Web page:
In an effort to answer some of the more frequently asked questions in advance of the advising season, the Department of Political Science has devised this page to help students find what they need beforehand. The professors have compiled these questions over the past few years of advising students in the Political Science major. Some of the questions are specific to the major components and some are University standards. Please contact your advisor if you have a concern that is not addressed here and please notify the Department's Program Assistant if you have a question that should be added to the list.
What do I need to do to prepare for my advising appointment?
Political Science faculty take their roles as faculty advisors very seriously. To this end, the department has developed a Political Science Department Statement on Advising. This statement specifies the student's responsibility in the advising relationship.
What can I expect from my advisor during our advising meeting?
The Political Science Department Statement on Advising clear states the faculty advisor's responsibility in the advising relationship.
How many electives do I need to graduate?
Unfortunately, there is not a standard answer to this question. Students must refer to their Undergraduate Catalog for the number of required elective hours. The catalogs are specific by the first year in which the student enrolled at Winthrop University. This catalog is basically the student's contract with the school. Whatever the course requirements are in that catalog are the ones that the student needs to fulfill for the degree. Despite any changes made in the following years of the students enrollment, he/she must only complete what is in the catalog for the year they entered (the exception to this rule is for College of Education majors). For example, on page 72 of the Undergraduate Catalog for 2005-2006, a student must complete 15 hours of PLSC electives and 15-38 hours of general electives for a regular Bachelor of Arts in Political Science. The number for general electives varies because of the variance in the hours a student might/might not have to fulfill the Touchstone Program requirements. Students that are Secondary Education minors or applying for a Public Administration Concentration have a different number of required electives as well.
What does the "X" symbolize in front of the class name in the Course Catalog?
If a course name and/or description has the letter "X" next to it in the course catalog, it designates that course as being experimental. This just means that this is the first time that the course has been offered and it is being done so on a trial basis. This lets students know that the course set-up and method may be a little different than the "norm." It is also to warn students that the course may never be offered again if a student may wish to repeat it later for a better grade, or wait to take it at a later date.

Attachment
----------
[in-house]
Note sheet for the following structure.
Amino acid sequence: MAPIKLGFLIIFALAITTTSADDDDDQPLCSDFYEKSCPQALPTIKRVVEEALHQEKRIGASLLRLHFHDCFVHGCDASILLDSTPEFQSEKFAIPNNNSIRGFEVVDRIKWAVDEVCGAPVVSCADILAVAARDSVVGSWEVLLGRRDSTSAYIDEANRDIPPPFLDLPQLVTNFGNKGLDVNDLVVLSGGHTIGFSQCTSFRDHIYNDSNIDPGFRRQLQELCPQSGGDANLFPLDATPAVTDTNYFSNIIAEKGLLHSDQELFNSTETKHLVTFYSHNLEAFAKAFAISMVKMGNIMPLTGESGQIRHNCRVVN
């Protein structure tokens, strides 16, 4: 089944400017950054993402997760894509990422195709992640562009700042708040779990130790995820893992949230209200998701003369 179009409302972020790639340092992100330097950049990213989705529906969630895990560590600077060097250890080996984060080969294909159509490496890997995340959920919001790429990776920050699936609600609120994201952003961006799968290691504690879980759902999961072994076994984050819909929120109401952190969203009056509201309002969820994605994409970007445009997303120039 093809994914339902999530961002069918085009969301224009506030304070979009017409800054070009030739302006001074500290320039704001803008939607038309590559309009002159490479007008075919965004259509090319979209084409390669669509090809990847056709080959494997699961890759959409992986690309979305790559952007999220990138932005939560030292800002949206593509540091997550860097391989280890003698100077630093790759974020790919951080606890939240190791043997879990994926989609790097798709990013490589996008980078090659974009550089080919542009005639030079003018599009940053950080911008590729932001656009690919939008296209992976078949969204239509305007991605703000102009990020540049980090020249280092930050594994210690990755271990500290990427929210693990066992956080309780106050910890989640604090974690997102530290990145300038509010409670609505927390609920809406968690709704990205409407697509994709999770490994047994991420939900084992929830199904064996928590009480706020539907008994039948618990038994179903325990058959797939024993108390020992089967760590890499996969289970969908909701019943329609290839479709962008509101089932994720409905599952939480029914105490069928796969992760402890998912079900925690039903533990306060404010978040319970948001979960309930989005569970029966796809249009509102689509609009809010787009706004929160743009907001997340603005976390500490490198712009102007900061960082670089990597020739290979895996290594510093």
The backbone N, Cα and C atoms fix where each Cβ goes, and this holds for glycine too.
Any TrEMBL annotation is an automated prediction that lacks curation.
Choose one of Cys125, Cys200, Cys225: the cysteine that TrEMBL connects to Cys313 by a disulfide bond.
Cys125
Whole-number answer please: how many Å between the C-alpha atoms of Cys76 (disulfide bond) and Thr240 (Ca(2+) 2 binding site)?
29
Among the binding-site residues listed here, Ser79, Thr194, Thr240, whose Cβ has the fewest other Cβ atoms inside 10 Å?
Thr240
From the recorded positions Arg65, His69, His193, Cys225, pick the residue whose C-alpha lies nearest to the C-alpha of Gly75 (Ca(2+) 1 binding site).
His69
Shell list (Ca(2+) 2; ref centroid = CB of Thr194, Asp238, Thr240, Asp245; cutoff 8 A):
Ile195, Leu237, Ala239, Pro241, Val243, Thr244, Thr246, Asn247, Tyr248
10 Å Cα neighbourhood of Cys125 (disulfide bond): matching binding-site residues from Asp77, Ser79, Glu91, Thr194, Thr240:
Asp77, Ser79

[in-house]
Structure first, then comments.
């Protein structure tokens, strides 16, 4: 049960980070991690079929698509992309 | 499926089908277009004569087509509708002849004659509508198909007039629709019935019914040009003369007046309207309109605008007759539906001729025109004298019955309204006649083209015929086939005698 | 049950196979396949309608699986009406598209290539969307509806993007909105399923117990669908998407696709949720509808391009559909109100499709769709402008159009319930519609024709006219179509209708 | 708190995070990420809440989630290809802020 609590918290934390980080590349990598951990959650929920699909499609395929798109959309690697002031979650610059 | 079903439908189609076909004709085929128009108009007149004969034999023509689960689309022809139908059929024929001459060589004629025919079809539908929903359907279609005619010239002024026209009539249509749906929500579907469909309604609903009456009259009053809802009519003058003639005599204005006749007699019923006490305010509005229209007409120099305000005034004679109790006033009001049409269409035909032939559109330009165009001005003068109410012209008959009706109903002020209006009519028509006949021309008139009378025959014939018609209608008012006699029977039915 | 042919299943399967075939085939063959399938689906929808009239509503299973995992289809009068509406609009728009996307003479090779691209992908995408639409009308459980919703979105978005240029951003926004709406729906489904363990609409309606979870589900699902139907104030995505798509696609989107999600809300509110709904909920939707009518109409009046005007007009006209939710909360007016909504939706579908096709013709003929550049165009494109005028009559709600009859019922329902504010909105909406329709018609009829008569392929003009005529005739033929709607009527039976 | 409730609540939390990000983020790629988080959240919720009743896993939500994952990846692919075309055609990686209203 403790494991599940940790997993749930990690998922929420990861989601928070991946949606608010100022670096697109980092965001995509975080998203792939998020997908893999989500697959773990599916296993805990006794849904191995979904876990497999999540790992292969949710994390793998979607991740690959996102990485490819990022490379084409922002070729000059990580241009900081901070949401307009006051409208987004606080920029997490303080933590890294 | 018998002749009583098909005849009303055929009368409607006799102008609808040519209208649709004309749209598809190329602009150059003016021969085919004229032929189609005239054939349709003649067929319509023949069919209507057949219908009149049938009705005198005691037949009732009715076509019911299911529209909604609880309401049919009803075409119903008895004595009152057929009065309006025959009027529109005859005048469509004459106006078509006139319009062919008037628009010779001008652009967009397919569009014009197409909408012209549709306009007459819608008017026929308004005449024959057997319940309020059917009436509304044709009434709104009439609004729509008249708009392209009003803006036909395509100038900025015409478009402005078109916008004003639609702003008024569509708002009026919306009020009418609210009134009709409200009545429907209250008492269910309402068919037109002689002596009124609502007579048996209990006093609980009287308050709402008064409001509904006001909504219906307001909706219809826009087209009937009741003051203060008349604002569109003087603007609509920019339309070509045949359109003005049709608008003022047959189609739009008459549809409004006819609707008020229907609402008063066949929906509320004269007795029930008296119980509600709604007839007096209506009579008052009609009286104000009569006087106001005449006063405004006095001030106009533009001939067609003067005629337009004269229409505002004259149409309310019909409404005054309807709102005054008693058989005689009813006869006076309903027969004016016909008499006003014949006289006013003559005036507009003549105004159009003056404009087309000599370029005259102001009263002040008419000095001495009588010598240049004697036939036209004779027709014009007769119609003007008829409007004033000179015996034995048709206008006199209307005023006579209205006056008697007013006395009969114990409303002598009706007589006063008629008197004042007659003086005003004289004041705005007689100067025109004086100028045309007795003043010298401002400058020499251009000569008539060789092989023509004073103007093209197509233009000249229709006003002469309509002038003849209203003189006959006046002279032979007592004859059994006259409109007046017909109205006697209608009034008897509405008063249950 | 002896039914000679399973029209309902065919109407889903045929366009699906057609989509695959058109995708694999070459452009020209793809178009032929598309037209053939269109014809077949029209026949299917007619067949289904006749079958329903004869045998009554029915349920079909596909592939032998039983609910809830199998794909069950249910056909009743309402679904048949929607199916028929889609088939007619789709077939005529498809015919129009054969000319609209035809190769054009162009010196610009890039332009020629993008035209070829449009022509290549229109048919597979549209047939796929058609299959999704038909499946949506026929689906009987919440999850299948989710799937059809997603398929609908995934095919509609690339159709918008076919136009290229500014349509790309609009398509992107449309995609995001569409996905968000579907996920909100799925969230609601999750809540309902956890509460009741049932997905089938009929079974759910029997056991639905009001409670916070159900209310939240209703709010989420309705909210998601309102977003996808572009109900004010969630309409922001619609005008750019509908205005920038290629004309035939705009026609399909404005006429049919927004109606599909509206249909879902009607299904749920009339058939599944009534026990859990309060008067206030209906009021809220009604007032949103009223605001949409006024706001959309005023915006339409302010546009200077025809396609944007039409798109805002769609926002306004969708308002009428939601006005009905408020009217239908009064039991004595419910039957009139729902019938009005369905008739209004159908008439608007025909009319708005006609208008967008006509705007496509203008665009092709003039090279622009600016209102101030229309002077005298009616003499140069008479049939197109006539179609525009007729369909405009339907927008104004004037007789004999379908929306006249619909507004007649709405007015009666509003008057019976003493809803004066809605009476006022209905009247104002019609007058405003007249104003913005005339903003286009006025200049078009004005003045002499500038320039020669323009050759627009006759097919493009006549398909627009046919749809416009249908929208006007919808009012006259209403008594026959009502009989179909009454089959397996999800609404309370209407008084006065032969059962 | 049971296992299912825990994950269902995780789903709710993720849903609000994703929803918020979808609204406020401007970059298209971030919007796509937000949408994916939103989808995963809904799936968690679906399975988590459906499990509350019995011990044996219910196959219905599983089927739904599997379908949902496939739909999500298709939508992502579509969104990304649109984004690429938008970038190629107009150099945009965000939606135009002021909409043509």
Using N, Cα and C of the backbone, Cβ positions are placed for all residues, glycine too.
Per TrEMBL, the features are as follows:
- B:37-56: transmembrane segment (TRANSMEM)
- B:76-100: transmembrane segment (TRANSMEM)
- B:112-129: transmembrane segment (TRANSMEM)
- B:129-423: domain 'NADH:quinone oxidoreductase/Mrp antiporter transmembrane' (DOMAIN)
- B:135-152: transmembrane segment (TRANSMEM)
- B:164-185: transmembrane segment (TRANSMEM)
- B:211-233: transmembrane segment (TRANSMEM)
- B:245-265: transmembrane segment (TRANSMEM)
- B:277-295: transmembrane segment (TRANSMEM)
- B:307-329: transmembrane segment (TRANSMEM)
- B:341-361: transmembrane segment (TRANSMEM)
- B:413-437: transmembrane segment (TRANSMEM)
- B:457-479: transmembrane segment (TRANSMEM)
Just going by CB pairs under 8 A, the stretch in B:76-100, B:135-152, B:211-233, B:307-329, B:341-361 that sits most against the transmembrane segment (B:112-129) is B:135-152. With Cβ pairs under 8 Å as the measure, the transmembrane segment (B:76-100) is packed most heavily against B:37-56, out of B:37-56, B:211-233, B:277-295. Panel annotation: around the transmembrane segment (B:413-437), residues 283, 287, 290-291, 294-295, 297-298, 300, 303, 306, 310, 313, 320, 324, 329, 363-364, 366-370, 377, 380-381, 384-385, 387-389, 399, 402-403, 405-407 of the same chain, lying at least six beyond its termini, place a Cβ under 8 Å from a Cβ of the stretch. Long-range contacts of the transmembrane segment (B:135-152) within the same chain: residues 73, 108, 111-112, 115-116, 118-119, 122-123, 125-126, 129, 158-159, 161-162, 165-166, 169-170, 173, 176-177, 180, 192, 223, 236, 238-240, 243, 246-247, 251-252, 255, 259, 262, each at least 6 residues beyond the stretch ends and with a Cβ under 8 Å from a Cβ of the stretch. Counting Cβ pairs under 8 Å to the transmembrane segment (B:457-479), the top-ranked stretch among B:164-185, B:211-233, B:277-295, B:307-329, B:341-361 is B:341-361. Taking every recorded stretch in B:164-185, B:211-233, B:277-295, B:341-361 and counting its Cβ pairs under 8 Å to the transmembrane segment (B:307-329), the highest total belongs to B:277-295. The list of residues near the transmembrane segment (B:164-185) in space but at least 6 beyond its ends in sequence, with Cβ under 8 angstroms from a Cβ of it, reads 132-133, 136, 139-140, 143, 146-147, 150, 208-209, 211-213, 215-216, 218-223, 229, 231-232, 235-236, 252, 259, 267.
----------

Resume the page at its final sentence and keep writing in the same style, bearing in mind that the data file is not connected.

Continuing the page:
What does the "H" symbolize after the course number in the Course Catalog?
If a course name and/or description has the letter "H" next to it in the course catalog, it designates that course as being an honors level course. This means that only students that have been identified by the Honors Program may enroll in these course sections. For incoming freshmen, the honors program requirements are a minimum 1200 SAT or 27 ACT and a 3.5 GPA from high school. For currently enrolled students, a minimum cumulative GPA of 3.30 is required to enroll in honors courses. For any additional questions about the honors program, thesis, degree, etc., please visit the Honors Program page.
Can I receive credit for both PLSC 317: African American Politics and Policy and PLSC 551: African American Political Thought?
Yes. They are two completely separate classes. PLSC 317 counts in the Public Policy requirement and PLSC 551 counts as a theory course.
Can the same class be used to fulfill more than one area of the Touchstone Program requirements?
The answer to this question is usually not. The classes that fulfill the Touchstone Program requirements can only be applied to one area. For example, ARTH 175 is on both the Global Perspectives and Historical Perspectives list as an approved course. Once you have taken that course, you must decide which requirement it will fulfill; Global or Historical Perspectives. The one exception is CSCI 101, which can fulfill both the Technology requirement and the Logic, Language, and Semiotics requirement.
Does PLSC 510 count as a theory course?
Maybe yes, maybe no, but DO NOT COUNT ON IT. PLSC 510 is our "topics" course; this number is used for any course that professors wish to offer only periodically, or use to try out a new course. PLSC 510 could count in any of the four major subfields of the discipline (advanced American Government, International Politics/Comparative Politics, Political Theory, or Public Administration/Public Policy), depending upon who is teaching the course and the content of the course. Best bet is to check with your advisor to determine the subject being taught and whether it would fulfill the Theory subfield.
How many PLSC courses can I take?
A major requires 30-36 hours (10-12 three hour courses); but the student also faces an upper limit of 42 hours (14 three hour courses) from any one designator. An exception is in place for students majoring in Political Science or History and minoring in International Studies. Students who are eligible to take Honors courses (GPA of 3.3 or better) may take some Political Science courses under the HONR designator. A political science course may also be offered as an interdisciplinary seminar and listed until another designator. For example, PLSC 510H: Marxism, for Spring semester 2005 was cross listed as INAS 425H. Some of the department's other courses are cross listed in African American Studies, Women's Studies, and International Studies.